US beef import prices decreasing, but Asian market remains strong

United States imported beef prices are continuously decreasing, driven by weaker prices for domestic grinding beef.

Meat and Livestock Australia reported that US end users appear well covered in the near-term and remain reluctant to accept higher Australian offerings.

Australian manufacturing beef continues to flow through into Asian markets where bids remain strong.

In the US market, from the 1st of October to the end of the year, ground beef prices seasonally record some downwards pressure as the northern hemisphere winter impacts burger sales and retailers start to feature holiday items more extensively.

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Ample supplies of cheap competing proteins and higher non-fed slaughter are up five per cent on a year ago, which will ensure the US market remains well supplied in the short-term.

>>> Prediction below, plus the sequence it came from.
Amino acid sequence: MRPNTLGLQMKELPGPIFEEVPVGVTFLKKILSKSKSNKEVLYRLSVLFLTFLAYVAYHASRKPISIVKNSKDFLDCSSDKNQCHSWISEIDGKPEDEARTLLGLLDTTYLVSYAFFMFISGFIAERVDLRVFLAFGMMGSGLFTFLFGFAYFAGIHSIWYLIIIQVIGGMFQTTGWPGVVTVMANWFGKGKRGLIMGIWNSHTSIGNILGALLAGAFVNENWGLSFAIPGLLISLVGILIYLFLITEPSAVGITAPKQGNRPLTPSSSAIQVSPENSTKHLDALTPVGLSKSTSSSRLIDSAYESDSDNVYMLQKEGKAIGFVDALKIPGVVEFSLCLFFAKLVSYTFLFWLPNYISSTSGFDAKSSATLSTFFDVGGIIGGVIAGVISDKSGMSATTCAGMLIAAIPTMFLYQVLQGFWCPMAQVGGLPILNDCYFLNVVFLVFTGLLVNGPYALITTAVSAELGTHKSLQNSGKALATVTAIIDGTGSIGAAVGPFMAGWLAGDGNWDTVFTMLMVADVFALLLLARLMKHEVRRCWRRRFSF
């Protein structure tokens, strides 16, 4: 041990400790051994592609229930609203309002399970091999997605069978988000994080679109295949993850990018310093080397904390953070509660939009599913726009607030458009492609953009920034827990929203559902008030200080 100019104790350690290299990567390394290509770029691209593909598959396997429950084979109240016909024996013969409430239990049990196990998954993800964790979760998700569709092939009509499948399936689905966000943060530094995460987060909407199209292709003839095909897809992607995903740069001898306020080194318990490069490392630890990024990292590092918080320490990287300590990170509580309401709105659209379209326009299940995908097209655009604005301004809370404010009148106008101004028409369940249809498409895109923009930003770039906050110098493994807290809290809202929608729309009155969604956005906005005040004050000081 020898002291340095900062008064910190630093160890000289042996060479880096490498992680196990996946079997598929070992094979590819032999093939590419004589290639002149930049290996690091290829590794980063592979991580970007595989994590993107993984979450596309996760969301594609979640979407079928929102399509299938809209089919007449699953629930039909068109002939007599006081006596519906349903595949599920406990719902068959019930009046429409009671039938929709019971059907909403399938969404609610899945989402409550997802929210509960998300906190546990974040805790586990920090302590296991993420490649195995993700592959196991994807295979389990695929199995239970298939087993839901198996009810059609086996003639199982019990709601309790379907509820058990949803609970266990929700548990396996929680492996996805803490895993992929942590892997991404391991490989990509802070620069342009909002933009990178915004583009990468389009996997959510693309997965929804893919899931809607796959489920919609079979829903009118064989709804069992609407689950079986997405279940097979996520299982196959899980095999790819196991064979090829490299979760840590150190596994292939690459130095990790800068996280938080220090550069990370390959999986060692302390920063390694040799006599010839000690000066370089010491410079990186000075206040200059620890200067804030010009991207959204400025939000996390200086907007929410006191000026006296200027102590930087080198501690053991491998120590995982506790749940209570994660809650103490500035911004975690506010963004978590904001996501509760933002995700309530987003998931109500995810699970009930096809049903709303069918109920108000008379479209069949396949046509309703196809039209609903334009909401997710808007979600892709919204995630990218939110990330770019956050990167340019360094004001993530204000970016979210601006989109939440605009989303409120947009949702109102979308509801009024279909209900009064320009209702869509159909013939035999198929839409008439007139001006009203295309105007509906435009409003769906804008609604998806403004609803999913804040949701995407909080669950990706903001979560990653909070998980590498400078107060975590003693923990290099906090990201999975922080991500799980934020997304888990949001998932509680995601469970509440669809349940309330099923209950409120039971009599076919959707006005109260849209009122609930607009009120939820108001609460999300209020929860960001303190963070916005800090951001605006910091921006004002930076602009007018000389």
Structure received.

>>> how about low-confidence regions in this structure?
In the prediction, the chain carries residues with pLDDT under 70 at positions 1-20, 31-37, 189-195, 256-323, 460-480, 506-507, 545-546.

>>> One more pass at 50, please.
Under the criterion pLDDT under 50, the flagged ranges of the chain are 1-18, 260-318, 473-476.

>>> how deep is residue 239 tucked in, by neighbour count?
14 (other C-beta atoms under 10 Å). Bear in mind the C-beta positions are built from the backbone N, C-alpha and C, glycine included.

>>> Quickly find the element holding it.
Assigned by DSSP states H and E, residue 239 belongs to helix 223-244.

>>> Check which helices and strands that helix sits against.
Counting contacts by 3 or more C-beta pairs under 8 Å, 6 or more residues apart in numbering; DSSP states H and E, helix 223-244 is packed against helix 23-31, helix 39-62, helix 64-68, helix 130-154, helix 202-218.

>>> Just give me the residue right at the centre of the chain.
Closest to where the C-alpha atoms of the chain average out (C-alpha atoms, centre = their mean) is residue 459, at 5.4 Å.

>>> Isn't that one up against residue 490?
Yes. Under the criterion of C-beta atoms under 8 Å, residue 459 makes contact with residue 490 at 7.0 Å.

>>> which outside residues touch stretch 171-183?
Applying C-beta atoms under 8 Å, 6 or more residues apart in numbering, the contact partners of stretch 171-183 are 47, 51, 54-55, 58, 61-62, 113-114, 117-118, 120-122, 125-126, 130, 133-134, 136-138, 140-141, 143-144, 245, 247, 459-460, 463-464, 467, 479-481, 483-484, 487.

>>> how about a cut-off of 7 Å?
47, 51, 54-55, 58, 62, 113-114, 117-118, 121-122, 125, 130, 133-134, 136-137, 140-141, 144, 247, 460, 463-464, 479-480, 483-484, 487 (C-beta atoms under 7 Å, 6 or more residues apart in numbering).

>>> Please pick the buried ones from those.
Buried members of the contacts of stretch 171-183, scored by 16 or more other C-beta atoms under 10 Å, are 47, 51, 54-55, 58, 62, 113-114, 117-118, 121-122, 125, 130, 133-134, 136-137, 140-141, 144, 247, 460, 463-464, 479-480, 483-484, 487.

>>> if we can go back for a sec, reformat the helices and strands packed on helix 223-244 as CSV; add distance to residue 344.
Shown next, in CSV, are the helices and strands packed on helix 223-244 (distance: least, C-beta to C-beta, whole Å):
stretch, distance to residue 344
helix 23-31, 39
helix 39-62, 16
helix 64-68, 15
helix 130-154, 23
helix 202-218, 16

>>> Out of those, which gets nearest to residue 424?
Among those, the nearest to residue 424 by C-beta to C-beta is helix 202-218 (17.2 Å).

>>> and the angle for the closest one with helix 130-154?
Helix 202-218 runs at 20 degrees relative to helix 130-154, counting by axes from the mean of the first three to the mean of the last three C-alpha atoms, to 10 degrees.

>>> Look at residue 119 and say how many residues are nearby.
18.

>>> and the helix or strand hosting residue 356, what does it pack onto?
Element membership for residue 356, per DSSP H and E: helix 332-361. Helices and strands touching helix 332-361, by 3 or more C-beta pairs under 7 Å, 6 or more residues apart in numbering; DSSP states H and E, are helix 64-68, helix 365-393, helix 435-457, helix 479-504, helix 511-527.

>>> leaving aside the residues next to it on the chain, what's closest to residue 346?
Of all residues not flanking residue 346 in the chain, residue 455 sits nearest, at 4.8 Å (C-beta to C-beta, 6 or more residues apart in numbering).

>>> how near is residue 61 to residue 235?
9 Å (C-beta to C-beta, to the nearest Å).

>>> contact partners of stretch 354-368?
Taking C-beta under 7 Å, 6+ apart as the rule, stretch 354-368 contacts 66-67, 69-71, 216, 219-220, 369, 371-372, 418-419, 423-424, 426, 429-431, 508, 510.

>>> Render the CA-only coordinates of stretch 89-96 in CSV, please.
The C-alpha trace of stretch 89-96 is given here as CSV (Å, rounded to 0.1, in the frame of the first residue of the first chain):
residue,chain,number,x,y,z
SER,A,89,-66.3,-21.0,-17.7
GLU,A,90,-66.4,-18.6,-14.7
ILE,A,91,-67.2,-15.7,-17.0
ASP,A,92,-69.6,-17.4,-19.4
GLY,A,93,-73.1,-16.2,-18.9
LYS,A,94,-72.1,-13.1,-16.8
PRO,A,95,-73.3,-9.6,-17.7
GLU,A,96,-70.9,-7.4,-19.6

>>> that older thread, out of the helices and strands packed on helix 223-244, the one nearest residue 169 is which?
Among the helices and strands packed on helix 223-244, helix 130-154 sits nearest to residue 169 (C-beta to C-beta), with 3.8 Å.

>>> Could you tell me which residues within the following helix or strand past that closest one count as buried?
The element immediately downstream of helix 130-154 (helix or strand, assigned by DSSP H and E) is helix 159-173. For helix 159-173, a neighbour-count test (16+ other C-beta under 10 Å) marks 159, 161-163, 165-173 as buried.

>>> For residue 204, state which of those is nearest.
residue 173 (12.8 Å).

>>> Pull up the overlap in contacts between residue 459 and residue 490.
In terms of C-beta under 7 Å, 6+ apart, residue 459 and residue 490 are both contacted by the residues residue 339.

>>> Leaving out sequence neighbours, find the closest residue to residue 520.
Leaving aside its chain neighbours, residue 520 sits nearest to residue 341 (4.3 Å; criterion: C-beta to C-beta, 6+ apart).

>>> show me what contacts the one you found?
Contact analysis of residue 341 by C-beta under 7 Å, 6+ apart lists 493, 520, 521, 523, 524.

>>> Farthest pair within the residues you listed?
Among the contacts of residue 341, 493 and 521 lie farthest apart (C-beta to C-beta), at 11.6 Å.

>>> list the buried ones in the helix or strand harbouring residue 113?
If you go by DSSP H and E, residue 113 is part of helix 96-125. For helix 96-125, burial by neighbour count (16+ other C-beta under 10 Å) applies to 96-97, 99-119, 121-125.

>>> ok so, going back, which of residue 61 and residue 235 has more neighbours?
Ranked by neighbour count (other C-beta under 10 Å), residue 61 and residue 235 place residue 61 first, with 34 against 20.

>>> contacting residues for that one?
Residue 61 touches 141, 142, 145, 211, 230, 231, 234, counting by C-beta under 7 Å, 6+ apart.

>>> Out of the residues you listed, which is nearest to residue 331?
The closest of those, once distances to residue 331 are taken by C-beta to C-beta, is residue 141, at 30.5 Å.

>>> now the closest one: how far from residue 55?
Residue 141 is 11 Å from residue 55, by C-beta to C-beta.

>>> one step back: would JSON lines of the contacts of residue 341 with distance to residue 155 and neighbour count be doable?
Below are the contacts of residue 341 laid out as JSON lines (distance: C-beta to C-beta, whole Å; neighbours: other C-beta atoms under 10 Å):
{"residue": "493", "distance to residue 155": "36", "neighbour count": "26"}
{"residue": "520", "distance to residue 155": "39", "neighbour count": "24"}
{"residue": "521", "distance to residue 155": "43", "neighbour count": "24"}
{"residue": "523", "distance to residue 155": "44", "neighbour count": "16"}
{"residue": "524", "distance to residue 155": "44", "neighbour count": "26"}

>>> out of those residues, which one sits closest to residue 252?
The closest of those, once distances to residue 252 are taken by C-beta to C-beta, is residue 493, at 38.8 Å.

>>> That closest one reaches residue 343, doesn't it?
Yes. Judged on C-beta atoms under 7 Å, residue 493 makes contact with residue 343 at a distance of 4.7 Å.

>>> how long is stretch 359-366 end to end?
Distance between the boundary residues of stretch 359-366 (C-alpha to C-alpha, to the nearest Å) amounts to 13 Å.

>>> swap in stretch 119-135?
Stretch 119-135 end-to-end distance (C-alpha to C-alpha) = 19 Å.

Central American countries are offering grinding beef at a notable discount to Australian product and New Zealand supplies could begin to lift as the year closes out, further pressuring imported prices.

The US, Canada and Mexico came to a last-minute agreement in principle on a revised North American Free Trade Agreement (NAFTA), in late September, to be formally known as the United States-Mexico-Canada Agreement (USMCA).

Under the new trade agreement, the beef supply between the respective nations will remain uninterrupted.

Over the last decade, about two million cattle a-year have been trucked from Canada and Mexico into US feedlots and abattoirs, representing about eight per cent of the US steer and heifer slaughter.

Boxed beef has been regularly traded in both directions across both borders.

In terms of agriculture, the US has been granted improved access to Canada’s dairy, chicken, turkey, and egg markets as a result of the renegotiation.

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